Impact of vintage typography on ethos (Matt Murphy TWR 2013-14)

Matt Murphy, a student in Algonquin College’s Technical Writing graduate certificate program, wrote this entry regarding design conventions as part of the TWR2010 Visual Information Design course:

One design element that has been making a comeback in the web design, clothing, and music industry sectors is that of vintage typography. Such typography may evoke a tone of authenticity, even if contrived, to the garment, album cover, or webpage. By using such characters on a relatively new brand of hats, for example, the typography can give the impression that the company has a rich and successful history. As a result, a new hat company with old-fashioned typography can aim for an ethos comparable to that of Stetson.

This form of type may also be making a comeback as a form of nostalgia. In a world where companies are becoming less personal and more short-lived, some people may feel more secure with a brand that reflects a simpler time when hard work, personal relationships with customers, and product quality were higher priority.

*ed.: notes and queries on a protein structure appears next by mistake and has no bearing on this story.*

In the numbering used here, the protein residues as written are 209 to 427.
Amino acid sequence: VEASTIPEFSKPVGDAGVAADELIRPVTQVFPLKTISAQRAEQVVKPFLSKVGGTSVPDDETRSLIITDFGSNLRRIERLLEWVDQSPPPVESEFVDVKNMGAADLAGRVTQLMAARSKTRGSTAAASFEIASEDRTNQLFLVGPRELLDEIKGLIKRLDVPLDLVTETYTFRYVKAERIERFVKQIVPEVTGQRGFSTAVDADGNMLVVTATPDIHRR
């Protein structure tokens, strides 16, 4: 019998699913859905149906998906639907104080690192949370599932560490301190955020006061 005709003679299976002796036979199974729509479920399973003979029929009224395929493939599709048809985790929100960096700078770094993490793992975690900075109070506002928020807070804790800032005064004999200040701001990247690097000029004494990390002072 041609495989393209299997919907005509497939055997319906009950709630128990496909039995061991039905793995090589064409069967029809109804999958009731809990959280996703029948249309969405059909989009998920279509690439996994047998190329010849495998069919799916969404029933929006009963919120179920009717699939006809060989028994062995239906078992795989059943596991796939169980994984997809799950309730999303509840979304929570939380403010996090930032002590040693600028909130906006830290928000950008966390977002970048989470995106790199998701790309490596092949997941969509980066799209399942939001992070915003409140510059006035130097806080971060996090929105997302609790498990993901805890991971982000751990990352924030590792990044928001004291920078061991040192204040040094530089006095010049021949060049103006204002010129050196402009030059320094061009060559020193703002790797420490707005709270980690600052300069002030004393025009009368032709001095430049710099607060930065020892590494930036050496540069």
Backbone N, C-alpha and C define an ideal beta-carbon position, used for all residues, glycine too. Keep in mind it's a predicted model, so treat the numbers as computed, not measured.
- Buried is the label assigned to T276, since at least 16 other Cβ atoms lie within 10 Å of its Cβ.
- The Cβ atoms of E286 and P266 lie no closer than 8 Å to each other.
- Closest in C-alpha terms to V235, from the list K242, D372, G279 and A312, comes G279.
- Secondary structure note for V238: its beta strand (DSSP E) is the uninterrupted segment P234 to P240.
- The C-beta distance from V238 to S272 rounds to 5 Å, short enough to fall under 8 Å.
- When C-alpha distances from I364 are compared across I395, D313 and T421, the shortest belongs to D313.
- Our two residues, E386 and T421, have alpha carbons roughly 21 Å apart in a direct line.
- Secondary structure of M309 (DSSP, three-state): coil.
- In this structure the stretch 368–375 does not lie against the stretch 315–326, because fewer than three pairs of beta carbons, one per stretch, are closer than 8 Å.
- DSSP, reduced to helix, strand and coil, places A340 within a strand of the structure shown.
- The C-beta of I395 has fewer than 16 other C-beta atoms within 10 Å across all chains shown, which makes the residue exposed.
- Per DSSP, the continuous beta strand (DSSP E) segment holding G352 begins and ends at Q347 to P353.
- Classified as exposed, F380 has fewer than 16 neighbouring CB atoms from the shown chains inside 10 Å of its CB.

Although such typography may create visual noise if overused, it can create an old-school business ethos and a sense of authenticity when used judiciously.

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3 thoughts on “Impact of vintage typography on ethos (Matt Murphy TWR 2013-14)

  1. I’ve been a big typography fan for years, so this caught my eye. I will watch for this trend. I was amused by the caution to use vintage typography judiciously: how many design elements have become popular, gotten overused, and become visual noise? Mies van der Rohe is still right, about design (and about good writing, too): less is more.

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